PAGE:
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Name of Work

Wilson, Dana (1946-)
All Our Yesterdays (2001)

Movements:
Here (in thanks)
There (in memoriam)
Everywhere (in anticipation)

Performances:


Feb 04, 2001



Mathieu Dufour, Flute
Gail Williams, Horn
Christopher Costanza, Cello
Edward Atkatz, Percussion
Larry Combs, Clarinet
Jasmine Lin, Violin
Deborah Sobol, Piano


Feb 05, 2001



Mathieu Dufour, Flute
Gail Williams, Horn
Christopher Costanza, Cello
Allison Attar, Harp
Larry Combs, Clarinet
Jasmine Lin, Violin
Deborah Sobol, Piano

WILSON-All Our Yesterdays

Composed in 1999

Composer, jazz pianist, conductor, and teacher Dana Wilson has received grants from the National Endowment for the Arts, the New England Foundation for the Arts, the New York State Arts Council, Arts Midwest, and Meet the Composer; he wrote "All Our Yesterdays" on commission for CCM's MUSIC AT THE MILLENNIUM project. His works have been performed throughout the United States, Europe, and East Asia; a new trumpet piece was recently premiered in Russia, his new saxophone quartet will shortly be introduced to audiences in Japan, and performances of some of his earlier works are upcoming in venues that include Carnegie Hall. Mr. Wilson holds a doctorate from the Eastman School of Music and is currently on the music faculty at Ithaca College.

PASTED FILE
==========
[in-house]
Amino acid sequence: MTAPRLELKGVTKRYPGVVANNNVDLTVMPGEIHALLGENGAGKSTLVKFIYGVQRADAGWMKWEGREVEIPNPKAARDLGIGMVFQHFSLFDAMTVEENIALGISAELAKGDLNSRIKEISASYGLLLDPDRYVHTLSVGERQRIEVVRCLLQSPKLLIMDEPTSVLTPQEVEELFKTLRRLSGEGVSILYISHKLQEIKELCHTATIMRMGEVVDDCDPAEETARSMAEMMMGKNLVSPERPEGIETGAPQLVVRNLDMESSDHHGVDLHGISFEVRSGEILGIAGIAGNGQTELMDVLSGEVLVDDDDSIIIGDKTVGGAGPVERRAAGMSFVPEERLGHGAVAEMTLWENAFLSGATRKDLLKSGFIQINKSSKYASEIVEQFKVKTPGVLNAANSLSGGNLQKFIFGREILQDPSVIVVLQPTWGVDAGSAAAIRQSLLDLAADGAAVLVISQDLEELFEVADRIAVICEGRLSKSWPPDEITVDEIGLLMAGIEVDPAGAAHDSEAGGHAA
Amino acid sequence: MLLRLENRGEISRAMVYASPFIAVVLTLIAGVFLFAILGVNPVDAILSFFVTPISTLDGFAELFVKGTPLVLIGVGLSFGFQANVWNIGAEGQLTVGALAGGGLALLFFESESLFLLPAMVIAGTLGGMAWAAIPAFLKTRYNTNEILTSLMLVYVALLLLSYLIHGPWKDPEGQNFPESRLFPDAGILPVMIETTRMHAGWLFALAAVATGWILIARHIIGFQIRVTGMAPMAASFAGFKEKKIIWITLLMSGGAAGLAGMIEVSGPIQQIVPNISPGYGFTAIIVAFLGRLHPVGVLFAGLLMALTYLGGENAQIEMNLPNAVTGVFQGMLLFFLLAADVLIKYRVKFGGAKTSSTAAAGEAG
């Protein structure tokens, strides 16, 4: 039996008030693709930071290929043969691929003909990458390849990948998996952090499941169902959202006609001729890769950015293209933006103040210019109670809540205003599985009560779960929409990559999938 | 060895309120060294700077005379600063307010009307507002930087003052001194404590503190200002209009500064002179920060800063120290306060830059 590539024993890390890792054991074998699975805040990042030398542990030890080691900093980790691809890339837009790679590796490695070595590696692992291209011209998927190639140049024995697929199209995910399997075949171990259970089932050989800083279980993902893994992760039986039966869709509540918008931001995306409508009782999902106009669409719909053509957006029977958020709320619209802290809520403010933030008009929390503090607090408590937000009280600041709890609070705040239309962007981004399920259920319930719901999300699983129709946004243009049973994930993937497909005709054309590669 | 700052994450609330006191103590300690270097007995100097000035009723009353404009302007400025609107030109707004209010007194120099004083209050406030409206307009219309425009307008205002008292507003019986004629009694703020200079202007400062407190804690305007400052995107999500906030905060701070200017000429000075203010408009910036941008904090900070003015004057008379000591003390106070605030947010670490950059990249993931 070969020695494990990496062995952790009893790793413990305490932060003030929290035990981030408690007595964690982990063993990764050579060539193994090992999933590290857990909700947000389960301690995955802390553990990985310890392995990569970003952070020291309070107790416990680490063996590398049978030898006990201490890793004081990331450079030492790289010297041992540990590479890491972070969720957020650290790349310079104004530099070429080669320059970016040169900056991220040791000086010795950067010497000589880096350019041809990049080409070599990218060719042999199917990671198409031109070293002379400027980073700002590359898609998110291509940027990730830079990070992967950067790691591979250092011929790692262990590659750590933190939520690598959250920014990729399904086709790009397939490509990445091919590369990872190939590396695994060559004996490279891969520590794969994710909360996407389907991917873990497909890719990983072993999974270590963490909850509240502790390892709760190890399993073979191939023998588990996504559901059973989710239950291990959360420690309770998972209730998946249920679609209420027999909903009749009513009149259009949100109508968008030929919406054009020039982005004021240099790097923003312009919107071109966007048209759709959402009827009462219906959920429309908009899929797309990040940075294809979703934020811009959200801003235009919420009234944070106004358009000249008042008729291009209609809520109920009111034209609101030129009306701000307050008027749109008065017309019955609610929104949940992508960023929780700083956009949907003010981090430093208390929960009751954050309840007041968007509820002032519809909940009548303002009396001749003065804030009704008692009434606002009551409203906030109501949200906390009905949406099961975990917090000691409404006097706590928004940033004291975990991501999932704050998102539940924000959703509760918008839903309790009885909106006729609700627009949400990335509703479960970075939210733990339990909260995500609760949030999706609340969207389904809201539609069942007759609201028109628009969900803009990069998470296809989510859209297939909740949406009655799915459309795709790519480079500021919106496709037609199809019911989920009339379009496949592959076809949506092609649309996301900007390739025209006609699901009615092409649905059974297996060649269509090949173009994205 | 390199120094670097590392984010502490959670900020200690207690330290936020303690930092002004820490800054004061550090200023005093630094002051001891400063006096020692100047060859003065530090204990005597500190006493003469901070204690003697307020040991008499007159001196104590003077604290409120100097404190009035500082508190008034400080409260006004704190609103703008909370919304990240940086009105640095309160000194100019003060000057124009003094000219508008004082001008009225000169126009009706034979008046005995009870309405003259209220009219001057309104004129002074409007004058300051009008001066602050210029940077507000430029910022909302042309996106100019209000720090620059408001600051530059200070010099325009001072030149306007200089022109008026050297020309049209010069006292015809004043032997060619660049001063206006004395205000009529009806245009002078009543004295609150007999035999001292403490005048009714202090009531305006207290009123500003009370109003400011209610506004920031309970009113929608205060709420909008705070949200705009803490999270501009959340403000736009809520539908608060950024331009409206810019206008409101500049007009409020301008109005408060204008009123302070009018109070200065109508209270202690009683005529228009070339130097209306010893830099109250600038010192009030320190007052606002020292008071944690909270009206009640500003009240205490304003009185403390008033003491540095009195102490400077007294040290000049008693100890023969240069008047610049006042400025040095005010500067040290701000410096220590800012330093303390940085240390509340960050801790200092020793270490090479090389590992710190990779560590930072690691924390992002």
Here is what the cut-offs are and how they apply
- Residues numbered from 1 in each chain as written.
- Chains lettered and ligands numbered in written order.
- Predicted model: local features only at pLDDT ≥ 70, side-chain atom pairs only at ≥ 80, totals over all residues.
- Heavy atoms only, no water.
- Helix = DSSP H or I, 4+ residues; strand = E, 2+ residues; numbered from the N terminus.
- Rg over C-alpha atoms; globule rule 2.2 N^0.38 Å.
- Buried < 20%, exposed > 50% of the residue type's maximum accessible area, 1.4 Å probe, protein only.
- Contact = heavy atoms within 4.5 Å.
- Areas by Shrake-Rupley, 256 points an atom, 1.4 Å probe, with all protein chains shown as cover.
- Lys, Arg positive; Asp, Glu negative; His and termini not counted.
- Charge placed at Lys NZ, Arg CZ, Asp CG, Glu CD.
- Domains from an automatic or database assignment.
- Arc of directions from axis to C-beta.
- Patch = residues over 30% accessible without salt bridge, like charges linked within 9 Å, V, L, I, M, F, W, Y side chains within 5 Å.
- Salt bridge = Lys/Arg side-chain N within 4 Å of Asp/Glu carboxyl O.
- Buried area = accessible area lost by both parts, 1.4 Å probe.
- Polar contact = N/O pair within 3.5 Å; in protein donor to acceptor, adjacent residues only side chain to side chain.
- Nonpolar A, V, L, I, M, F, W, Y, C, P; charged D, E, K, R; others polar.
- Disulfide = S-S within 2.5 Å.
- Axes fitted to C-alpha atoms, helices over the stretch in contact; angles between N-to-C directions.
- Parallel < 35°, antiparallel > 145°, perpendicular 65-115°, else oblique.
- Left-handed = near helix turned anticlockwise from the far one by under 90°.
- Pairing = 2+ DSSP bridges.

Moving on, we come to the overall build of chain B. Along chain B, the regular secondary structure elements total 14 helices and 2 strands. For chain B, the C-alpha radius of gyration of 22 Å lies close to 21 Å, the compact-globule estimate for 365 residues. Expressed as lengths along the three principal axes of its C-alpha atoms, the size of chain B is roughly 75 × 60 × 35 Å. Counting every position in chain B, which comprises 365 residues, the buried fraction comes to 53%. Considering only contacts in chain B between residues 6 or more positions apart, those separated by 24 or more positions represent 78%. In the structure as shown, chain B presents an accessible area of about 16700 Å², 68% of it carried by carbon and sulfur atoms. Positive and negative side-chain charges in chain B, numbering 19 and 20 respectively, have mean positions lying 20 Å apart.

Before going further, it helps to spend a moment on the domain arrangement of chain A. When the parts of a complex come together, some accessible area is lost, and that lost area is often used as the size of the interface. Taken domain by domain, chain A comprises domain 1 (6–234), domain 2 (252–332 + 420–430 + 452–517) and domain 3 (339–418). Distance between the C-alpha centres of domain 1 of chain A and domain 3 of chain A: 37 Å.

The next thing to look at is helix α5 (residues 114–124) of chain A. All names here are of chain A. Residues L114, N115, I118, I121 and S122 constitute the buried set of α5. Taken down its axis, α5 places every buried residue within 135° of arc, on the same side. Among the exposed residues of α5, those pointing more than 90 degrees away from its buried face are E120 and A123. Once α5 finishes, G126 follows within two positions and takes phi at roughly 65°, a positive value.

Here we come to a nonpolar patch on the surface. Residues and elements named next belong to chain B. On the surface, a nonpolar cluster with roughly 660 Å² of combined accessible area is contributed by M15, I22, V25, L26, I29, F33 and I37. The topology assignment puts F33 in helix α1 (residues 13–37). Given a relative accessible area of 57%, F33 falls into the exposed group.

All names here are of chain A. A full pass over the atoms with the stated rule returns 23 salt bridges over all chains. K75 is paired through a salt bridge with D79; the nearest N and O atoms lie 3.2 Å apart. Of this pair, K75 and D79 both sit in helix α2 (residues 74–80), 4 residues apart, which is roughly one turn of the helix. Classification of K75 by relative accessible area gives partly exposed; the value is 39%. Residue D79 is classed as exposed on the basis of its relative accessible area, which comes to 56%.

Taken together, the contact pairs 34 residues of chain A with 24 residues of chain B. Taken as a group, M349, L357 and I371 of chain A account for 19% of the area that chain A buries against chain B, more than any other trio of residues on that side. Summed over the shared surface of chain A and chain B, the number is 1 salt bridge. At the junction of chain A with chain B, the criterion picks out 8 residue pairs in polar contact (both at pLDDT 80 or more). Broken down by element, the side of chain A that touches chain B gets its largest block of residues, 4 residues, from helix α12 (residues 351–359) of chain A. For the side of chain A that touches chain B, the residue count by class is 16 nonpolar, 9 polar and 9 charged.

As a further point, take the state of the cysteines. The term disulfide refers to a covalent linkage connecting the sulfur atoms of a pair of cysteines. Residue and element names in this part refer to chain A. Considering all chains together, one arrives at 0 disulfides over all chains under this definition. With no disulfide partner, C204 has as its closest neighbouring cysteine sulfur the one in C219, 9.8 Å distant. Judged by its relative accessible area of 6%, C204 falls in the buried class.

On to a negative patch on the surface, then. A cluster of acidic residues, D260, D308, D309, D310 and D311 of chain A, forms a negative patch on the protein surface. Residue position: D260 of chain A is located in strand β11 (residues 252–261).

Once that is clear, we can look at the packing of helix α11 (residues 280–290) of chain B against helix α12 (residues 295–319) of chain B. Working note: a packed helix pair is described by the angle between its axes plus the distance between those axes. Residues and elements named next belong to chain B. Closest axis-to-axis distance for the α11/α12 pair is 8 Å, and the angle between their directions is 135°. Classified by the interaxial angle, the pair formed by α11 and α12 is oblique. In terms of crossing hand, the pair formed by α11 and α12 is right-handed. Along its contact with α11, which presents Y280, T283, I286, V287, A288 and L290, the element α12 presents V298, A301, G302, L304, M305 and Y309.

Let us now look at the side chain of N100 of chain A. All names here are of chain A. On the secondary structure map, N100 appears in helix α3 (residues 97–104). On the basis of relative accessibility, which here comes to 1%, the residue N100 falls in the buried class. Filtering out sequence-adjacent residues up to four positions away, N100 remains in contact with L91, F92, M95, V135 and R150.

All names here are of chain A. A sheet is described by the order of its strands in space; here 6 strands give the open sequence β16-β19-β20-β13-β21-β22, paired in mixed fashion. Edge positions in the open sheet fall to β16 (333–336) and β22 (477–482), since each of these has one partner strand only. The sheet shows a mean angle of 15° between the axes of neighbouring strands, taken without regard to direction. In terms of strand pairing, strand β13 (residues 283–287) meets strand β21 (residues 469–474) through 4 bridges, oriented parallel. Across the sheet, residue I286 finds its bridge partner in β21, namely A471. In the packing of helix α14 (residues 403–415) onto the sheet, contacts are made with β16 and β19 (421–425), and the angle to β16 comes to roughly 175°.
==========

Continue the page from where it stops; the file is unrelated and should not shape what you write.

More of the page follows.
Mr. Wilson has said that "All Our Yesterdays" is intended "as a humble tribute to many of the musicians who have contributed to the esthetic discourse, and cultural thrusts that have become a part of our heritage and helped us understand who we are. To reflect the broad spectrum of those musics, the movements are titled respectively 'Here,' 'There,' and 'Everywhere.’” (There's also a faint reference to the Beatles here; Mr. Wilson acknowledged that "Here, There, and Everywhere" was one of his favorite Beatles songs, but that the group had no influence on this music.)

"'Here (in thanks)' refers to America, where African and European musics collided," Mr. Wilson continues, "resulting in the blues, gospel music, jazz, and eventually rock; the energy of these idioms derives from the jagged rhythms, pitch sliding, and 'blue' notes not found in the common major scale. The movement conjures several of these elements.

"'There (in memoriam)' refers to the European tradition that has, over the second millennium, evolved as our classical tradition; its expressivity results primarily from rich harmonies and intricate melodies. 'In memoriam' refers particularly to those who have died in the wars and under regimes of this past century that have so shaped contemporary cultural forces." These events, that helped shaped this movement in Mr. Wilson's thoughts, included both of the 20th century's world wars, the Nazi Holocaust, and the Balkan wars of the 1990s.

Calling the finale "a real mix," the composer says further that "'Everywhere (in anticipation)' refers to musics of the rest of the world which have themselves long traditions but which - along with other facets of globalization at the millennium's end - are just beginning to enrich Western lives; the movement's main theme, in fact, is a freely-adapted Bulgarian folksong, and the solo passages draw upon several related styles. The movement's subtitle refers to the fact that music from around the world are clearly important sources for future musical explorations and syntheses - and for exciting music yet to be composed.

Performance date: February 4 & 5, 2001

Notes by Andrea Lamoreaux



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